“What is art and does it mean the same thing to all cultures throughout the world? What constitutes great art? And what is kitsch? Applying a Darwinian perspective to these fundamental questions, Denis Dutton argues that art is a universal human instinct … “(Quoted from the back cover)
Denis Dutton’s ‘The Art Instinct’ is about tracing the human need to make art through time and cultures. In doing so, he proposes universal generalizations about what characterizes art across the world:
- Direct pleasure
- Skill and virtuosity
- Novelty and creativity
- Special focus
- Expressive individuality
- Emotional saturation
- Intellectual challenge
- Art traditions and institutions
- Imaginative experience
“Characteristic features found cross-culturally in the arts can be reduced to a list of core items, twelve in the version given below, which define art in terms of a set of cluster criteria. Some of the items single out features of works of art; others, qualities of the experience of art. … It reflects a vast realm of human experience that people have little trouble identifying as artistic … Sometimes when we talk about art we focus on acts of creation, sometimes on the objects created; other times we refer more to the experience of these objects. Working out these distinctions is a separate task. The list is therefore the signal characteristics of art considered as a universal, cross-cultural category.” (p51-52)
Dutton demonstrates what he means by each of these categories early on in the book, then goes on to take Marcel Duchamps’ ‘Fountain’ as an example of an artwork which does not easily fit into traditional aesthetic categories. He measures it against the list to see whether it conforms to the criteria held worldwide by which we define art. Interestingly, this work does score well, enough to be defined as genuine art across all cultures.
Justine Kingsbury, senior lecturer in philosophy, writing in ‘Biology and Philosophy’ Vol 26 no I January 2011, usefully summarises the book:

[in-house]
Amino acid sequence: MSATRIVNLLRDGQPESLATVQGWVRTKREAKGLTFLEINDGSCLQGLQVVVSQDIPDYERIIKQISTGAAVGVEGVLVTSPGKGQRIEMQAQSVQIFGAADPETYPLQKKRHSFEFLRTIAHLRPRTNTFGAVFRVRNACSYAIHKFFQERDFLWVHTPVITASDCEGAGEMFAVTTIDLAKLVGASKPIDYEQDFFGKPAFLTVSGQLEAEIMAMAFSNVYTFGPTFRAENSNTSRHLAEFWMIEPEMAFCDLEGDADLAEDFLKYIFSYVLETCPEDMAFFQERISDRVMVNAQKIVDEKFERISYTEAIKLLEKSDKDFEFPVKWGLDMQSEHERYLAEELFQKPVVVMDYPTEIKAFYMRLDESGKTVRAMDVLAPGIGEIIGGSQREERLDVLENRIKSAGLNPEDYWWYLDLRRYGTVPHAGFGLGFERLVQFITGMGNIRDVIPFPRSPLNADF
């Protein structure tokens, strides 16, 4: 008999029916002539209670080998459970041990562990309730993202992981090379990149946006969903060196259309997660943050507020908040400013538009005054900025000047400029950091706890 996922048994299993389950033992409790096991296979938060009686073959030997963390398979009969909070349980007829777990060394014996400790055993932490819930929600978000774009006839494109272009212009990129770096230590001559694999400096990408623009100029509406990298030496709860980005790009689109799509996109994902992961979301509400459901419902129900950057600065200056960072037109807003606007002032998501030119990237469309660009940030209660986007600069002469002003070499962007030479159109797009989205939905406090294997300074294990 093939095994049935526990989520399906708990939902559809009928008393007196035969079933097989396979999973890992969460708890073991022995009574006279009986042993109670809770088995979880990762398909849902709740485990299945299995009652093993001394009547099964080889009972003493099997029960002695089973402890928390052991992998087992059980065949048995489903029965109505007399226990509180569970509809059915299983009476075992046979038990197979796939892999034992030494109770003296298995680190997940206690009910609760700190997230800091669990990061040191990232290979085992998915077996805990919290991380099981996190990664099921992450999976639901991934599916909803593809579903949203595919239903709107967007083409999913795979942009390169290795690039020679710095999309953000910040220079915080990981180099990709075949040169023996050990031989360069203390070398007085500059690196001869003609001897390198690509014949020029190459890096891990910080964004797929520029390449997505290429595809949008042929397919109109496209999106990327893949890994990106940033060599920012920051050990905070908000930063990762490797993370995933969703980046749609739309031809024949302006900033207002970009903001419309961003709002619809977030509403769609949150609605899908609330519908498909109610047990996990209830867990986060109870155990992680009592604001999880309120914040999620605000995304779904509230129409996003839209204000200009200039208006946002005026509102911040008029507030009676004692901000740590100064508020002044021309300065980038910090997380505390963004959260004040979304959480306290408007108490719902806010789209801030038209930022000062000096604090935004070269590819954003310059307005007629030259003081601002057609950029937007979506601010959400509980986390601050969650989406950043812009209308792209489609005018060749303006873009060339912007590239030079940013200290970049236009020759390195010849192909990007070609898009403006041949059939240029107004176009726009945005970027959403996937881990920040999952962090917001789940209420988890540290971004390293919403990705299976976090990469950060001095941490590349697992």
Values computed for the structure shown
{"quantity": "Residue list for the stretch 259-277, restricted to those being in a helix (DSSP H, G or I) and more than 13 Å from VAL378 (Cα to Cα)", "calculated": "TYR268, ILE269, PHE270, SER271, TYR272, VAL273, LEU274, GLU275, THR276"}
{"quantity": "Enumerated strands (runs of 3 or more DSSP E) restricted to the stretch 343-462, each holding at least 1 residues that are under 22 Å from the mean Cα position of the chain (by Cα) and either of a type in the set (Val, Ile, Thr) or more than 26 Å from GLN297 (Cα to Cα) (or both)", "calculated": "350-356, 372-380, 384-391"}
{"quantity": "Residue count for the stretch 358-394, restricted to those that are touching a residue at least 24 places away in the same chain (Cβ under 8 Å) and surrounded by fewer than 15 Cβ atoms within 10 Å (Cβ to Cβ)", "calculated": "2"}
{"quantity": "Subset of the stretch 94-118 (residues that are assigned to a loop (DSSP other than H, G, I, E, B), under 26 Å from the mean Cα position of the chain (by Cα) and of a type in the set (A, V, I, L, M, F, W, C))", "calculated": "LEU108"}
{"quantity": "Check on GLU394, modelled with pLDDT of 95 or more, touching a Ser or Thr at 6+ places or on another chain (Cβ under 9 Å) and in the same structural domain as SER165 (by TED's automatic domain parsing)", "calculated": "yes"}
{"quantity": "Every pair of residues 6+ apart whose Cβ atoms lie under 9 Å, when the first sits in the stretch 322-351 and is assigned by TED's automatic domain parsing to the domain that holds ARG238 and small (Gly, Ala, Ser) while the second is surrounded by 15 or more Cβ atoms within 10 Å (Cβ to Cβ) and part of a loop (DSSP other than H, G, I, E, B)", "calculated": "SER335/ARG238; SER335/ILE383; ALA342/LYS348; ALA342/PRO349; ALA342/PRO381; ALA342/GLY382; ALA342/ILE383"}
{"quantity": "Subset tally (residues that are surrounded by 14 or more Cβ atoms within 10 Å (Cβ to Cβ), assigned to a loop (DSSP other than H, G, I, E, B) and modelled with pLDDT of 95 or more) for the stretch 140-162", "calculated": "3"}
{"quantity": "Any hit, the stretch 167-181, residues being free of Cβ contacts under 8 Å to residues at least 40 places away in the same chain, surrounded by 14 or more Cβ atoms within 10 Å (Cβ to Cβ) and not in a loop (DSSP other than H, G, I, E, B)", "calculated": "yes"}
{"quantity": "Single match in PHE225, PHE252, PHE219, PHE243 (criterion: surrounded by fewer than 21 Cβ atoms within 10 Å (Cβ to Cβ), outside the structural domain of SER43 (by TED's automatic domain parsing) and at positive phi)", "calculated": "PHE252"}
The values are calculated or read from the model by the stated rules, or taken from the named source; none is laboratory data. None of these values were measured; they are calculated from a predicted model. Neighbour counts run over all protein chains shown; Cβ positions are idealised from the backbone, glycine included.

“Dutton begins by talking about the consistency of landscape preferences across cultures. Chapter 2 is about art and human nature: Dutton points out (illustrating this with discussions of Plato, Aristotle, Kant and Hume) that the idea that art-production and aesthetic enjoyment are part of human nature is not new. Chapter 3 is an admirably clear and sensible discussion of what art is. Dutton defends the methodological principle that it is a mistake to base a definition on peripheral cases, as for example the institutional theory of art is motivated by the need to count as artworks things like Duchamp’s Fountain (a urinal, labeled and placed in an art gallery). Rather, “we must first try to demarcate an uncontroversial center that gives more curious cases whatever interest they have” (51). Applying this method, Dutton comes up with a very inclusive cluster definition of art that fits well with the view (argued for in Chapter 4) that there is art in all human cultures: art is not a modern Western cultural construct. Chapter 5 is about art and natural selection; Chapter 6 discusses the origin of our urge to create and enjoy fictions; Chapter 7 is about how costly and apparently functionless art-making behaviour might have evolved partly by sexual selection. Chapter 8 considers three issues in contemporary aesthetics and how thinking about art in evolutionary terms can shed light on them. Chapter 9 discusses the contingency of our aesthetic values: why, for example, do we have well-developed visual and aural arts but not olfactory ones? Chapter 10 is about greatness in the arts.”
I plan to focus on Dutton’s ideas and take each of these listed characteristics in turn, adding my own thoughts to the discussion, and relating it to abstract art in particular. Will these categories apply equally well to abstract art as to more representational work? Is abstract art essentially different in some way, for the artist or the viewer? Will Marcel Duchamp’s larger than life genius in confronting the accepted art establishment still have the last word?